Category Archive: Free Videos

Aug 25

Learn British English Slang Free (video): “hangry”

You put “hungry” and “angry” together: “hangry”

It means that you are annoyed or angry because you’re hungry.

I’m sorry for being moody. I’m just hangry.

Via YouTube:


Jul 26

Learn British English Free (video lesson): nine useful British Expressions

In this free British English lesson on YouTube, Chris explains nine useful expressions (some idiomatic) to enhance your vocabulary in different situations:

You’re busy (or too busy): I’ve got a lot on my plate / I’ve got too much on my plate.

At the start of a meal: Tuck in.

You really don’t know: I haven’t (got) the foggiest.

You’re feeling unwell: I’m under the weather.

To ask if someone’s feeling / getting better: Are you on the mend?

You’re annoyed or angry: I’m cheesed off. “My mother-in-law is proper cheesing me off.”

Can I help you: Do you need a hand? Do you want a hand?

To say “you’re welcome” to someone: Don’t mention it.

To ask someone how they are: How have you been?

Via YouTube:

Jul 18

Learn British English Free (video): “bloody” <<< “fucking”

In this VERY IMPOLITE Learn British English Free lesson, Chris explains how “fucking” is much stronger than “bloody”, although you can use them in similar ways.



For emphasis:

“It’s bloody late.” <<< “It’s fucking late.”

“It’s bloody freezing.” <<< “It’s fucking freezing.”

“That’s bloody brilliant.” <<< “That’s fucking brilliant.”


“spud” means potato or idiot:

“You’re a bit of a spud, wouldn’t you say?”

“Well, you’re a fucking spud, intcha?” (aren’t you)

To which you could reply: “Thank fuck I don’t have to be polite to you anymore, you MOTHERFUCKING THUNDERCUNT.”


“Bloody hell!” <<< “Fuckin’ell!” (positive and negative situations)


Via YouTube:

Jul 12

Learn British English Free (video): “from scratch” idiom

In this lesson on Learn British English Free on YouTube, Chris explains the idiom “…from scratch” with examples. Please see below.

Francesco made the food from scratch = he made it himself

Chris had to start learning Chinese from scratch (from the beginning)

Via YouTube:

Jul 05

Learn British English Free (video): “on point” idiom

In this free British English lesson, Chris explains how to use the “on point” idiom with examples.

Something is “on point” means it is perfect or as good as possible.

“Shakira and J-Lo were on point at the Superbowl this year.”

“Messi’s shooting was on point last night.” (football)

“Chris’s hair is always on point.”

Via YouTube:

Jun 27

Learn British English Free (video): “th” sound pronunciation practice

In this free British English pronunciation lesson, Chris helps you practise the two “th” sounds /ð/ (voiced) and /θ/ (unvoiced).

The first thing that they think of is this.

Though the thought thrashed through the thing

Thinking things were dithering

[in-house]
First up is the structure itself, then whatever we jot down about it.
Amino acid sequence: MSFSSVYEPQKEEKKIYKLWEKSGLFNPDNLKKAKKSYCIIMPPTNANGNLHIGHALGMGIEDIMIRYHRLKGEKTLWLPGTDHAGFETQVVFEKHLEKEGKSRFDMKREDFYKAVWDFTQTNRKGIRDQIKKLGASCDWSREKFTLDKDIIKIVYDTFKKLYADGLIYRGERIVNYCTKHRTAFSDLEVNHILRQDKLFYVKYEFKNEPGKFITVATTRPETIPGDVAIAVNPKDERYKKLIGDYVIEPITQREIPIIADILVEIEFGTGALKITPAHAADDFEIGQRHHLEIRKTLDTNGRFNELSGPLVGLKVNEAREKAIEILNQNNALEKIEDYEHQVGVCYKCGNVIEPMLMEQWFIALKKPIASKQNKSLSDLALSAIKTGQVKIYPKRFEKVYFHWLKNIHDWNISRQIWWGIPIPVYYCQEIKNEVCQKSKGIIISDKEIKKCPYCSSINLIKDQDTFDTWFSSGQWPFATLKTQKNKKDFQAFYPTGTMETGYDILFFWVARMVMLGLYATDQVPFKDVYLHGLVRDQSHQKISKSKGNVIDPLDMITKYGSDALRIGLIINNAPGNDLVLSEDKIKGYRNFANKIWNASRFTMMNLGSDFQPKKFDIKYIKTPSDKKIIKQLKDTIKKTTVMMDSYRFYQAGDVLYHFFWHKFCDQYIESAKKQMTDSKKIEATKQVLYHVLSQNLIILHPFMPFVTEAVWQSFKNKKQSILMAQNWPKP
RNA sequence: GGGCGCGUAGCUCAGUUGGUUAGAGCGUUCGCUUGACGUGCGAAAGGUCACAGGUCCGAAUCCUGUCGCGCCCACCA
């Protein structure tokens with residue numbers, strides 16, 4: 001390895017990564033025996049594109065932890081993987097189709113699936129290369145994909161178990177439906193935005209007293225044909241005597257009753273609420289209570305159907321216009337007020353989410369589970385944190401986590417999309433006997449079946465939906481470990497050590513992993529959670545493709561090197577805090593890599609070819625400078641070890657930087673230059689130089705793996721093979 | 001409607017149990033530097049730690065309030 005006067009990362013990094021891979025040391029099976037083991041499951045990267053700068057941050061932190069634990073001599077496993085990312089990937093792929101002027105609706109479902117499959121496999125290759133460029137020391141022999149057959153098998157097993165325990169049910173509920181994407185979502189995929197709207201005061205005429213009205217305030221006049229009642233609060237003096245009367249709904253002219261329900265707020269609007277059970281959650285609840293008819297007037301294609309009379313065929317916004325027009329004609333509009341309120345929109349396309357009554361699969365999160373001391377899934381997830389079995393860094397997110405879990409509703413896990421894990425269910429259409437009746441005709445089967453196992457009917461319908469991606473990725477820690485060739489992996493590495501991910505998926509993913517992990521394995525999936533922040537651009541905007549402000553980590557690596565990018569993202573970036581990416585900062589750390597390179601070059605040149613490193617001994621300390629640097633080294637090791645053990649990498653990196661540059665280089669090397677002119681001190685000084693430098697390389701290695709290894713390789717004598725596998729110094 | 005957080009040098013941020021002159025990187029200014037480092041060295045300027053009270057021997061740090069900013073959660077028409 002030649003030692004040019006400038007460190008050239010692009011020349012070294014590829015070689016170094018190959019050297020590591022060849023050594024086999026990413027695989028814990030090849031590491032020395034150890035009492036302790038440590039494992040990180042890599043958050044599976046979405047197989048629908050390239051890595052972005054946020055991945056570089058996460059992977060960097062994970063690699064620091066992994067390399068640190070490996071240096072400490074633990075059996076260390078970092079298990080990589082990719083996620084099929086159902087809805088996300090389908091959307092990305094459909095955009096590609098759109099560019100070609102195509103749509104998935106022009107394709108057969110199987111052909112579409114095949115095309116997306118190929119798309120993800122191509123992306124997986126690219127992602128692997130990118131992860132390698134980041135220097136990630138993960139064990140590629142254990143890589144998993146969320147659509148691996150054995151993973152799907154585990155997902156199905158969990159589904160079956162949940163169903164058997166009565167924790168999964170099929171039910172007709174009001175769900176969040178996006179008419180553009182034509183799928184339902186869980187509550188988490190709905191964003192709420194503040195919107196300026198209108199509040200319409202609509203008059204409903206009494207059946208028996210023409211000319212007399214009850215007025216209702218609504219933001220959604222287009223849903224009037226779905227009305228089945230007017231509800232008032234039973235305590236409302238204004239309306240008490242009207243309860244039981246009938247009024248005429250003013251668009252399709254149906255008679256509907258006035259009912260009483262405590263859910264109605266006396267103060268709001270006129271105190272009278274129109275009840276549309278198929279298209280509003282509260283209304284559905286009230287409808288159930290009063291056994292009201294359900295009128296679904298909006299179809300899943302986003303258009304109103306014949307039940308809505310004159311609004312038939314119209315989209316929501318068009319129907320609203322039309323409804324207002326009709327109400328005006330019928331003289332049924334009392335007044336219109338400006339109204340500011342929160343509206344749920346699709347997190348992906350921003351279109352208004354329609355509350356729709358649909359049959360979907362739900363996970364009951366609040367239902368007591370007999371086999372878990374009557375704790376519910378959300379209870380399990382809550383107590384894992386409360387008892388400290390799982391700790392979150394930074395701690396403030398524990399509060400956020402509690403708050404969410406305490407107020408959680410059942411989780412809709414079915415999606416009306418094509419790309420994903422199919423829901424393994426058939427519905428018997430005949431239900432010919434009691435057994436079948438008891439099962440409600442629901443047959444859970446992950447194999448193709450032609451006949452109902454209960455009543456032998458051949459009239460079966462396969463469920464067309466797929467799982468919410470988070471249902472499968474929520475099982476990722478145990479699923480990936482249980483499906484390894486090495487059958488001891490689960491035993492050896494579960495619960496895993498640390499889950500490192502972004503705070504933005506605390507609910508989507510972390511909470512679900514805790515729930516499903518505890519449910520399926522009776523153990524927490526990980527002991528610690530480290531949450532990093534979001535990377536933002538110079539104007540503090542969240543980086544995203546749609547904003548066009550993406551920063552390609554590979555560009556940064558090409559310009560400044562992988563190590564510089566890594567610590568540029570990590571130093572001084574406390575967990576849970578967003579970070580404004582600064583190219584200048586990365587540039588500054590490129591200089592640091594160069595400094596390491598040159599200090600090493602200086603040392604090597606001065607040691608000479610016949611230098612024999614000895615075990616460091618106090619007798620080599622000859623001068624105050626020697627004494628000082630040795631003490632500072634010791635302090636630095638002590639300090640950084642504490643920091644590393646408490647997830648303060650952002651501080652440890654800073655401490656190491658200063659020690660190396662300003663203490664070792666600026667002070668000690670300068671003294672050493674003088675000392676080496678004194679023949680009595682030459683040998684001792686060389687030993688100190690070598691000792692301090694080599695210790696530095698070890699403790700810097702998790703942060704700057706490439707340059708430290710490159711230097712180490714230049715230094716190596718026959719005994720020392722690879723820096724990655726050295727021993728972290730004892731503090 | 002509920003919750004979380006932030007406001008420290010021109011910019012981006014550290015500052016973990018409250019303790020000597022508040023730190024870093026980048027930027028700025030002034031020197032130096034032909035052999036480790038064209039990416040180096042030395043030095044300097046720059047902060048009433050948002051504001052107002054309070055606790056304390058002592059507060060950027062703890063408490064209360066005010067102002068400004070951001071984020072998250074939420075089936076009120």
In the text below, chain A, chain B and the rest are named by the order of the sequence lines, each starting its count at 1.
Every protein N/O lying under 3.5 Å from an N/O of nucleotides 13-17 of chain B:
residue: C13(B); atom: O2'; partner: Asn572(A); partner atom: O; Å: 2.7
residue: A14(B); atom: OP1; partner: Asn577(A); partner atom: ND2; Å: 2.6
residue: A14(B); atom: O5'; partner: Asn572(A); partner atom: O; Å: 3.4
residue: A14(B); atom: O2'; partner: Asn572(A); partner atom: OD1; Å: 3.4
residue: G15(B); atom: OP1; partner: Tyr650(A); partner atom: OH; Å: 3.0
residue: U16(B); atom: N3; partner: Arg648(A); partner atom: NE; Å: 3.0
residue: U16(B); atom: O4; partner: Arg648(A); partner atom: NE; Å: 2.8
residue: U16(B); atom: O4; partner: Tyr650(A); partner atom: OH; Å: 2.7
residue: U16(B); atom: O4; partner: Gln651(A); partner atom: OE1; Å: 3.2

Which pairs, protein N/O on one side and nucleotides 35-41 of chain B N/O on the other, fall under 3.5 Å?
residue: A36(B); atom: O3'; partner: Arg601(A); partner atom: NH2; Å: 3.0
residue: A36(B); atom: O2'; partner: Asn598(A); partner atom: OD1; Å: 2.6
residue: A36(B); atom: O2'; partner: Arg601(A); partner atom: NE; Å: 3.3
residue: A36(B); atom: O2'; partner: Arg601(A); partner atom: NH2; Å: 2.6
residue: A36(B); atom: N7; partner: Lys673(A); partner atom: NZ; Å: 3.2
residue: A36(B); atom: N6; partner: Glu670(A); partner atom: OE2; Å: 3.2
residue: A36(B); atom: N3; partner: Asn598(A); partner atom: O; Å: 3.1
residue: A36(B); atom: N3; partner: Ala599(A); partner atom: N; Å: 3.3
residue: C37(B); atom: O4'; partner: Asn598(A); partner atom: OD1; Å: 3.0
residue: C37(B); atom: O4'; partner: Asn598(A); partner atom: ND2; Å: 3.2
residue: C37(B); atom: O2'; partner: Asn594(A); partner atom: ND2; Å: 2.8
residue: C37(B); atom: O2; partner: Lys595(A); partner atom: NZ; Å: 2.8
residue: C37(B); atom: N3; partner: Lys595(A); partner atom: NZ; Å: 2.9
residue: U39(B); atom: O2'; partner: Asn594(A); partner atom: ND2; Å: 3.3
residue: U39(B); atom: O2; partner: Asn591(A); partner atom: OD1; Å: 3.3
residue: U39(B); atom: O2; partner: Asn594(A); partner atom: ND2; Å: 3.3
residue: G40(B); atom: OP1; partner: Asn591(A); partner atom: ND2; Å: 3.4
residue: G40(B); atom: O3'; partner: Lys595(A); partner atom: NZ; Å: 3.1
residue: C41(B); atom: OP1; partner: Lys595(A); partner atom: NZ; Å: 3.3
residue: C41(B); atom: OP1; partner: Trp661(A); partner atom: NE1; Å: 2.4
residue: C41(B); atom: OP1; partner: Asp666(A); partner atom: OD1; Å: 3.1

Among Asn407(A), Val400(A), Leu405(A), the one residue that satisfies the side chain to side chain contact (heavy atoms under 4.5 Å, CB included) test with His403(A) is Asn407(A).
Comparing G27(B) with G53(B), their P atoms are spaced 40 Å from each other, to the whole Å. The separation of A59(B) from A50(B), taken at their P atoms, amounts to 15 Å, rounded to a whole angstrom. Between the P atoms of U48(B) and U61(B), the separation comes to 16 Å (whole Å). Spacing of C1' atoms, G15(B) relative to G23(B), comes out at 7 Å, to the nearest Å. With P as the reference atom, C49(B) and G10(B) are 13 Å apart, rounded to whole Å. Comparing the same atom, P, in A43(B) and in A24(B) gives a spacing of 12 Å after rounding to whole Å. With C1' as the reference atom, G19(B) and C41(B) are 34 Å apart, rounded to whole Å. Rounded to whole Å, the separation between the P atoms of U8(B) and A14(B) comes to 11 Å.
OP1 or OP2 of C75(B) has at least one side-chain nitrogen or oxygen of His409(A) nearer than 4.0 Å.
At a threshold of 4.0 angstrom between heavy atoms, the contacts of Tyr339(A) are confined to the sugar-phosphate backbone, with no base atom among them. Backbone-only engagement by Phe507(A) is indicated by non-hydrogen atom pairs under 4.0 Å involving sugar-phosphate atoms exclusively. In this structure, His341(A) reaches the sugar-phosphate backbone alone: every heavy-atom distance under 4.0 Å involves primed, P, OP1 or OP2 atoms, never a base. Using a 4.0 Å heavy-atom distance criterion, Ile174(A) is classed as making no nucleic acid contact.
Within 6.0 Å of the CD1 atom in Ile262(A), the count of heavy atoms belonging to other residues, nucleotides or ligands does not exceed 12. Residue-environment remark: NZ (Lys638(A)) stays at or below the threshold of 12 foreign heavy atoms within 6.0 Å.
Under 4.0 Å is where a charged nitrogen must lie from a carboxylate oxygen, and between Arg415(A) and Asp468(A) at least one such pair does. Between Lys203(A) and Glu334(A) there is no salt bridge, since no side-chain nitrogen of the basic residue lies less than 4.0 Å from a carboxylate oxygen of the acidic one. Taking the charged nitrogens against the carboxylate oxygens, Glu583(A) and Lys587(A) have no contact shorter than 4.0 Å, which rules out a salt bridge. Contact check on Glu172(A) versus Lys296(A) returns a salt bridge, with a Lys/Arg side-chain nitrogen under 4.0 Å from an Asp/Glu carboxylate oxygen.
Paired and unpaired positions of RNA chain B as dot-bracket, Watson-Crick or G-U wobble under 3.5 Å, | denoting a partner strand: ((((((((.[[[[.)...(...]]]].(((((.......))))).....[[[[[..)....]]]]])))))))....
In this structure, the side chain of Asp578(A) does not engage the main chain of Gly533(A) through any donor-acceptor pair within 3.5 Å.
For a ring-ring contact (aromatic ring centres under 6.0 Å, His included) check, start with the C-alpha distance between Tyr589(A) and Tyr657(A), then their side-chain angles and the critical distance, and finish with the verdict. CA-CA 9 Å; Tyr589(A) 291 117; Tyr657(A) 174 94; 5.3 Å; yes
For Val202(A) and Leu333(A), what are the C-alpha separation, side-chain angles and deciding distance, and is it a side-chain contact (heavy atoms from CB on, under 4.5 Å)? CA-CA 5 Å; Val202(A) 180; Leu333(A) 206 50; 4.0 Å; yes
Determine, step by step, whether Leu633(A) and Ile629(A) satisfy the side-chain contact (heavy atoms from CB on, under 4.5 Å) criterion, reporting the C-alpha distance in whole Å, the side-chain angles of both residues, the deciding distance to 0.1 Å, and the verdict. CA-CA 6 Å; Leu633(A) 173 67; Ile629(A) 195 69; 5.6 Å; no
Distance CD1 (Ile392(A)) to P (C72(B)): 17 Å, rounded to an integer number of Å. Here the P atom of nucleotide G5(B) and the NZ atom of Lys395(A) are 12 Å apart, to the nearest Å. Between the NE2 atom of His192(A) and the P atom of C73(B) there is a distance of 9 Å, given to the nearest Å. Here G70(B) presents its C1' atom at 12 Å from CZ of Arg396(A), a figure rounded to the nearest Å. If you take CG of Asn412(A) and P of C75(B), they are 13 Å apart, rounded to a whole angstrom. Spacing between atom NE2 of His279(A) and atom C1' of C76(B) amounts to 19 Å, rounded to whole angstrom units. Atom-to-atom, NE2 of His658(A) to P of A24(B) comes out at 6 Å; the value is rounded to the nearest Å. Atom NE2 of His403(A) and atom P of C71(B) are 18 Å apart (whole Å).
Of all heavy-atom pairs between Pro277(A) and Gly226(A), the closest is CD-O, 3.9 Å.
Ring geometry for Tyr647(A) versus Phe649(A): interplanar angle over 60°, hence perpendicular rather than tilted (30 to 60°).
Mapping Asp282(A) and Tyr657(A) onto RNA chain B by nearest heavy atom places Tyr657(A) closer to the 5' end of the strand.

Thrift to thrive the thatcher thought

The thorough Thames thwacked the throat

Thither the wither thaws the moth

The thistle, the brother both froth.

Thinly thought-out theories throw worth

thicker than thou through the mirth.

Thither the thistle thought the thaw,

thwarting things throughout therefore.

Via YouTube:

Jun 20

Learn British English Free (video): Pronunciation Help for French Speakers

In this Learn British English Free lesson, Chris helps you with some common pronunciation problems for French speakers.

develop; developed; development; easement; pavement

colleague /ˈkɒl.iːɡ/

/i/ sound at the end of words: money; honey; funny

/θ/ – “three” /θriː/ this; moth

the hotel; jar of honey; honest /ˈɒn.ɪst/

Via YouTube:

Jun 16

Learn British English Free (video): Pronunciation Help for Italians

In this free Learn British English lesson, Chris explains some common problems in English pronunciation for Italians.

Words beginning with “h”:

the hotel; jar of honey

Difficult words: biscuit; fruit; juice; suit; colleague /ˈkɒl.iːɡ/

/ɪ/ or /i:/ – “bitch” (female dog) or “beach”

/θ/ – “three” /θriː/ ; “throw” /θrəʊ/ ; “through” /θruː/


Via YouTube:

Mar 18

Learn British English Free (video lesson): “dodge a bullet” idiom

Learn British English Free: British English lesson about dodge a bullet idiom.

To avoid a difficult situation or dangerous person.

EXAMPLE: I heard that girl I nearly went out with killed her new boyfriend with a toilet brush

Via YouTube:

Mar 15

Learn British English Free (video): Academic Writing

Chris explains how to improve your academic writing. Request by Alley K on the Learn British English Page on Facebook.

General tips: general English and grammar; vocabulary; punctuation; paragraphing; paraphrasing; referencing; read other pieces of writing.

Academic Vocabulary in Use

BBC News style guide




How to prepare for your specific essay / piece of writing:

  1. Understand the question, expected structure and word count.
  2. Ask your teacher / lecturer for advice.
  3. Get your institution’s referencing style correct.
  4. Avoid plagiarism.
  5. Use this BBC guide.

Via YouTube:

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